Half-way to Pittsburgh yesterday, there was an accident on one of the most treacherous stretches of Route 28/66 and the emergency response team was directing traffic off the main road and on to a small rural road I’d never been on. The road was narrow and the posted speed limit was never more than 40 mph. There were only a few cars meandering down the road and I lost site of them on several occasions. I had no idea where I was going or where the road would take me (I don’t have GPS), but I trusted I’d know where I was eventually.
Several miles later, two firemen directed me to veer right. A few more miles, another fireman directed me to the left. The road took me through a little village called Belknap, home of Belknap Livestock Auction, an adorable white church with a tall steeple and a small picnic facility tucked in the back, and…well…that’s about it. Further along, I passed a sign for a town called Echo which was two miles down another road (I imagine it’s no bigger than Belknap), and the sign I passed that said “Winding road next 2 miles” was an understatement.
But rather than worry too much about where I was, I took in the amazing beauty of the landscape and trusted I’d eventually know where I was.
Over on Lynn’s Weigh on Facebook the other day, we “discussed” goal weights and how most of us aren’t really sure when we start out losing weight – or even long after we’ve started – just where the end will be. The unknown is always, “Can I sustain ____ pounds?”
I remember well what a friend had dubbed “The Black Hole” of my journey. I was uncertain about what goal really was, especially since I’d changed it from a scale number to a waist size. MAJOR detour. Here’s what I wrote in Jan. 12, 2007, on my original website, Lynn’s Weight-Loss Journey:
“Happy new year! I’m just a few weeks from my 2-year anniversary on Weight Watchers. I can’t believe how the time has flown. I especially can’t wrap my brain around 152 pounds gone so far. My body has changed so much.
“It entered ‘familiar’ territory at around 180, a weight I’d been for several years. (At) 170 and 160, I was feeling great, liking what I saw, etc., and then I hit 155 and I didn’t recognize myself. I’d started working out at a gym (at) 168 and so this ‘new’ body was unfamiliar, even though I was 150 pounds for several years in my 20s and early 30s. (My body) was sculpting into something I didn’t recognize. I developed muscles I didn’t know I had. This was both exciting and terrifying.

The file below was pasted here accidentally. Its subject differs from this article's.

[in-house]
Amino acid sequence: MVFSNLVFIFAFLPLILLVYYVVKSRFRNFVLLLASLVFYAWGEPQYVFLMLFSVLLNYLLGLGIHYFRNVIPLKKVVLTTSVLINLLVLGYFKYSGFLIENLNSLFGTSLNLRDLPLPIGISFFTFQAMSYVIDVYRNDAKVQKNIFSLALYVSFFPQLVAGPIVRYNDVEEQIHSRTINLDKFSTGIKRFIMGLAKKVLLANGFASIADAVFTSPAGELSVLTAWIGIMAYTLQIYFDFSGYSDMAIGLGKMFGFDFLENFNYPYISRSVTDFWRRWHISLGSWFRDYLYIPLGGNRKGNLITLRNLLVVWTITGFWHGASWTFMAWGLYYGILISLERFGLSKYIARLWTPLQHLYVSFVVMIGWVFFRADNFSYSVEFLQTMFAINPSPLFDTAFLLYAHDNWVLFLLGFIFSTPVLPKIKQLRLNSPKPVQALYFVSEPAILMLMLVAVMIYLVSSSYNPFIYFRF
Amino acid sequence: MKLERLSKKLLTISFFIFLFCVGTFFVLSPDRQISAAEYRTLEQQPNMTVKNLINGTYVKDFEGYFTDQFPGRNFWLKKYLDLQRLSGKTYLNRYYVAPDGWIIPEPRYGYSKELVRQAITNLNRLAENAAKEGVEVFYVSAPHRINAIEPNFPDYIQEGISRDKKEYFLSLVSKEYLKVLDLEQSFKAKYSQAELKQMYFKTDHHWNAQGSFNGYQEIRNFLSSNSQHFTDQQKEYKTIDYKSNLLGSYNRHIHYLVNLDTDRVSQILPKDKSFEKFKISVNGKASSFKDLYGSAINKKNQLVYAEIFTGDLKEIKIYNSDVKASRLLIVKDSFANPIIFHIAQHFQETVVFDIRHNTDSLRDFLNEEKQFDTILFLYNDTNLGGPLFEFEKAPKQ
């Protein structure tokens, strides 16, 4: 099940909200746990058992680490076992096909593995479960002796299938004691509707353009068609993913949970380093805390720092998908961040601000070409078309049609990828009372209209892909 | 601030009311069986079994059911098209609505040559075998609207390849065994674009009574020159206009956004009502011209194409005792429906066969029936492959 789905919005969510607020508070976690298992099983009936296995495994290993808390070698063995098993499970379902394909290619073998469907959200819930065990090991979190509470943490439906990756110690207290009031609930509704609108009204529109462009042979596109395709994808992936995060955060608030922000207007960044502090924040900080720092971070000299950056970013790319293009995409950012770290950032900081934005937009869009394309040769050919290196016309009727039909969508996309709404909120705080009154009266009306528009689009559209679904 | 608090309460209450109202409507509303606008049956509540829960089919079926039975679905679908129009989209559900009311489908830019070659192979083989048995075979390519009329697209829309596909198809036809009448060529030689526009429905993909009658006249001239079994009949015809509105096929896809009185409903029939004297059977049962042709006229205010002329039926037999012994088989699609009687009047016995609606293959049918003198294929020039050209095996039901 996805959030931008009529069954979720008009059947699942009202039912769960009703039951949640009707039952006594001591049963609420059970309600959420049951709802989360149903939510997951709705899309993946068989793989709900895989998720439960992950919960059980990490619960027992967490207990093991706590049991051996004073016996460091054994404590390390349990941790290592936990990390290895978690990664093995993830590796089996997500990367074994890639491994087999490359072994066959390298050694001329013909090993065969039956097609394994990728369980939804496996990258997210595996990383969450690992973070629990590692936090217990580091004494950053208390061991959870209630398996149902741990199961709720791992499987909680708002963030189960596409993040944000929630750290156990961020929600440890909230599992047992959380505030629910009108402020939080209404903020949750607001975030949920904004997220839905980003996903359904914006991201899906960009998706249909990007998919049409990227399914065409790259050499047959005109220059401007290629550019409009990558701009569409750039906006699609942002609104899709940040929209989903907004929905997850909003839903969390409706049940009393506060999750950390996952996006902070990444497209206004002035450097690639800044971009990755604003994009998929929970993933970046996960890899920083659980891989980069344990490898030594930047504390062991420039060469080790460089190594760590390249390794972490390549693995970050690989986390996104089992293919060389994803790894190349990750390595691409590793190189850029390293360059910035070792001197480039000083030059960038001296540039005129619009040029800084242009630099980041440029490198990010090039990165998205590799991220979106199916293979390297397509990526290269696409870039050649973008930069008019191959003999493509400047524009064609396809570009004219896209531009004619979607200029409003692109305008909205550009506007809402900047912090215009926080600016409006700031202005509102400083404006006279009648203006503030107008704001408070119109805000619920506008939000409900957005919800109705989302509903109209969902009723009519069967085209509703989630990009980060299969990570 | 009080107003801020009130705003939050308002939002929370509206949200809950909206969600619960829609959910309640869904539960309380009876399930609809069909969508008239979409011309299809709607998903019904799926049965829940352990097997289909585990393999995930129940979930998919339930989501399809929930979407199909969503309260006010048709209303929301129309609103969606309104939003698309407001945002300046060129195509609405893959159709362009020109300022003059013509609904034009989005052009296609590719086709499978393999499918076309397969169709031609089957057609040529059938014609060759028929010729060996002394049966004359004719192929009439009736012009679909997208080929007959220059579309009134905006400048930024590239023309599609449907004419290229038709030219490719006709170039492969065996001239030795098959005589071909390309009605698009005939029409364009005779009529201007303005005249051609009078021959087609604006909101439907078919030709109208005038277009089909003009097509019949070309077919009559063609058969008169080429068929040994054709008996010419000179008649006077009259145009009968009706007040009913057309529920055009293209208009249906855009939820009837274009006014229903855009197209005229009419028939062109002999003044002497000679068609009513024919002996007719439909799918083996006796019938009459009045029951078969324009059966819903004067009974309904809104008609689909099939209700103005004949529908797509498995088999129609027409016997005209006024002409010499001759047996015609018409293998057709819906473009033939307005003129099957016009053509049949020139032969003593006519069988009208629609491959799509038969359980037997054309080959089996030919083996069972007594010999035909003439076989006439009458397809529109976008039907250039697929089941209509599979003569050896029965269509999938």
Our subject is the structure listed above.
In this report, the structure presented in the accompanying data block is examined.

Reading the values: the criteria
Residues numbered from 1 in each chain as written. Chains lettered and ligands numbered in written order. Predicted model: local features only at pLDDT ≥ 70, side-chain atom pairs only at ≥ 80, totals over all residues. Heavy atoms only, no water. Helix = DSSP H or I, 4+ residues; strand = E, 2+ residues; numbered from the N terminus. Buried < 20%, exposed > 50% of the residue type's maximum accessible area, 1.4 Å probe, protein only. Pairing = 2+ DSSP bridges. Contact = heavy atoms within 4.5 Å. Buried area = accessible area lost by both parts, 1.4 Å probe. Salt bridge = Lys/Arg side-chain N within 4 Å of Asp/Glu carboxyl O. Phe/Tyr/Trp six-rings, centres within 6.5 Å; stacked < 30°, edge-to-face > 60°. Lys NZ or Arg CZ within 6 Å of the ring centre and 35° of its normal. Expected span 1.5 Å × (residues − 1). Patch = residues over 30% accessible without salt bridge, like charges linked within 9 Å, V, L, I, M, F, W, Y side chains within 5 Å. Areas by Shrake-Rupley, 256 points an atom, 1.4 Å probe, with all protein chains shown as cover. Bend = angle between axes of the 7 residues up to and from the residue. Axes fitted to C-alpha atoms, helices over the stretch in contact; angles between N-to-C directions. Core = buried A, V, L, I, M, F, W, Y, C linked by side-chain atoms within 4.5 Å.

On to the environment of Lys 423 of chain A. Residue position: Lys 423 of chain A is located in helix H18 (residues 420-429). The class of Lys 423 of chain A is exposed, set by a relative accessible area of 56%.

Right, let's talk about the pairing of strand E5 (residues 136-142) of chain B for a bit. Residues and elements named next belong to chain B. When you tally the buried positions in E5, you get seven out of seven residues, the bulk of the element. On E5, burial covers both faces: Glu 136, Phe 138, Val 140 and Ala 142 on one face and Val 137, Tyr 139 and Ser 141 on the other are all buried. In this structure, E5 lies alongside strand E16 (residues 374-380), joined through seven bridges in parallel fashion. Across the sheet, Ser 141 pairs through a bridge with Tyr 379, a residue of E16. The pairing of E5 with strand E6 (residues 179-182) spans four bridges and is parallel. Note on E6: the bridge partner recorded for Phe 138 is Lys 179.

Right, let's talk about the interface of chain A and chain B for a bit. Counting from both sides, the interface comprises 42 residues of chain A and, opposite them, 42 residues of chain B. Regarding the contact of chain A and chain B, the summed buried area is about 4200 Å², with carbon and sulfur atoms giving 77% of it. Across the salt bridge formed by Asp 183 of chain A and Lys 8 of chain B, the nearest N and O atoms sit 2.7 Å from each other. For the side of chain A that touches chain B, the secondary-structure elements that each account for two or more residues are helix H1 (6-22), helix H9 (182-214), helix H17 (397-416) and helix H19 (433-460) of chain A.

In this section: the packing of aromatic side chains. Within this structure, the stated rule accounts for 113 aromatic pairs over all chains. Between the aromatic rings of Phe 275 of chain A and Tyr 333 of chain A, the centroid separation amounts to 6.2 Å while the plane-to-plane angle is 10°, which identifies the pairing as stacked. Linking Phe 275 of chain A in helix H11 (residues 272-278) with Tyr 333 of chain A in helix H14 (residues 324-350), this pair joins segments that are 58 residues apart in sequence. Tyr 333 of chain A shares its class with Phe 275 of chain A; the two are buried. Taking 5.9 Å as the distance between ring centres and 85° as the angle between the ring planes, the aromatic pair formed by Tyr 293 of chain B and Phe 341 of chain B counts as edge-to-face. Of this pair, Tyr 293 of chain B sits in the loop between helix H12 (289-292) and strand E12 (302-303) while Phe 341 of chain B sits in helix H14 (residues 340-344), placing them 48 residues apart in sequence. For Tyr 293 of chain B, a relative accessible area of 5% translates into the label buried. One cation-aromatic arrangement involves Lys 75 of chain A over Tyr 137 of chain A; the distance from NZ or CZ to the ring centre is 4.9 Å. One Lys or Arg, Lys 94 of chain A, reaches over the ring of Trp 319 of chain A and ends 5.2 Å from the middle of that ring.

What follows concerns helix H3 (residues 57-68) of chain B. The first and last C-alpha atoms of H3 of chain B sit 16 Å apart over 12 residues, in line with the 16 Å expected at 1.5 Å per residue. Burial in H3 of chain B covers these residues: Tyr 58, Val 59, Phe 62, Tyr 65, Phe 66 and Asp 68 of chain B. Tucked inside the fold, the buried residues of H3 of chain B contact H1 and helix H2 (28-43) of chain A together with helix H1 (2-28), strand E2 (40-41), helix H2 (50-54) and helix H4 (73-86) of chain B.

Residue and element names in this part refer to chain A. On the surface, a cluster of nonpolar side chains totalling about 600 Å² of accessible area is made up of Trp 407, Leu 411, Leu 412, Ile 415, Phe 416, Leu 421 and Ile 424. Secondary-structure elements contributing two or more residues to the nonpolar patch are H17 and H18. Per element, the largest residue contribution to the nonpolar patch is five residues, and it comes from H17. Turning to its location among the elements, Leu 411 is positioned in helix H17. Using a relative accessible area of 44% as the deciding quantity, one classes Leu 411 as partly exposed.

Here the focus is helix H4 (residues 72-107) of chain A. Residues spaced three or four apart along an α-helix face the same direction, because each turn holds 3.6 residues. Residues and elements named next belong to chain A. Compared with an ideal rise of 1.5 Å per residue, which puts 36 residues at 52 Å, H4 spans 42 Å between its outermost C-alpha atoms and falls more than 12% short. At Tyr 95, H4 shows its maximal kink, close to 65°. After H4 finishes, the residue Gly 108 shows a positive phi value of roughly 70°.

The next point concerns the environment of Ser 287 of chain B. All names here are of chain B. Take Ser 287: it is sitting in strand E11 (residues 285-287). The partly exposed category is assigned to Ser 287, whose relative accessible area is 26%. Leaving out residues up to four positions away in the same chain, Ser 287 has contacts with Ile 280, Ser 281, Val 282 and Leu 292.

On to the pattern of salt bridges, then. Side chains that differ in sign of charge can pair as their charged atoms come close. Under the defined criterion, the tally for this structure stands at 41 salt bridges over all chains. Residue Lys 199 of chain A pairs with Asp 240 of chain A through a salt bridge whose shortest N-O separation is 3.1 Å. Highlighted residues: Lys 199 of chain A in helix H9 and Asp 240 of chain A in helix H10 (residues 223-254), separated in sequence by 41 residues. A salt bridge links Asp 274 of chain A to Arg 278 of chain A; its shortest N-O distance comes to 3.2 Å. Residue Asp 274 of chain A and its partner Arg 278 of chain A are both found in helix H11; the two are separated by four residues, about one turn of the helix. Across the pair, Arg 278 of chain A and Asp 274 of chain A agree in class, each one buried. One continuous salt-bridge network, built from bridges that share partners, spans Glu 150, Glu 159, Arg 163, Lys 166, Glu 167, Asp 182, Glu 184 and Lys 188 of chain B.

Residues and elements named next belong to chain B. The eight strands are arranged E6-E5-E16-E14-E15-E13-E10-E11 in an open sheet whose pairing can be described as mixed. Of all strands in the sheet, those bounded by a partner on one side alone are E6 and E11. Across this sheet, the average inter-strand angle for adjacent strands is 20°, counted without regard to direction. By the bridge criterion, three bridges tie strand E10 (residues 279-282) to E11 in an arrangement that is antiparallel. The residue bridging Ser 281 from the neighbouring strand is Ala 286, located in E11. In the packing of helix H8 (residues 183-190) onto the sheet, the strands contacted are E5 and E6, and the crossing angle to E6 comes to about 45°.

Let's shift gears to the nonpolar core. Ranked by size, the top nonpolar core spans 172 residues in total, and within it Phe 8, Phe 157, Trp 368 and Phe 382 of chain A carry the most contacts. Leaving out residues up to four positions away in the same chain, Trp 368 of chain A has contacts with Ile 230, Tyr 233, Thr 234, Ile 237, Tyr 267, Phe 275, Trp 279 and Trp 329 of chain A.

“Now at 143.6, I’ve become highly critical of my flaws. I have loose skin under my arm pits, along my belly and my inner thighs. It’s not bad compared to what it could be, but I find myself getting mad at it, like it somehow chose to be there, like it has a mind of its own. Accepting these physical flaws is something I work on every day. I remind myself to not obsess and to love my body for all it is, both the good and the bad.
“My upper and lower hip bones are beginning to protrude, which looks kind of cool. My stomach, despite the skin, is shrinking nicely due to a solid 10-minute a day ab workout. The key for me is patience, something I have very little of. But I’m working on it.
“I don’t know when I’ll get to goal since that will happen when my waist measures 32 inches. That’s less than an inch away. I’m starting to worry now about maintenance. I know, why worry about something I’m not even doing yet, but it ekes into my mind quite often and so instead of ignore it, I try to learn what I can from it. I have to trust myself, trust my body.”
When I finally got to that 32-inch waist three months later, I declared goal like I was sliding into home. Safe at 138 pounds! That feeling lasted all of five minutes before I remembered I’d never been successful at maintenance before. But having learned so much from those who’d gone before me, I walked into maintenance in much the same way I turned on to that rural road yesterday. I had no idea where I was going, but I trusted I’d figure it out.
When you’re feeling most uncertain about your weight journey, remember that with most things in life, what makes us stronger are the detours that weave us through the unknown. Enjoy your weight-loss ride, take in the beauty of you, and trust that you’ll not only find guideposts along the way, but that eventually you’ll know where you are.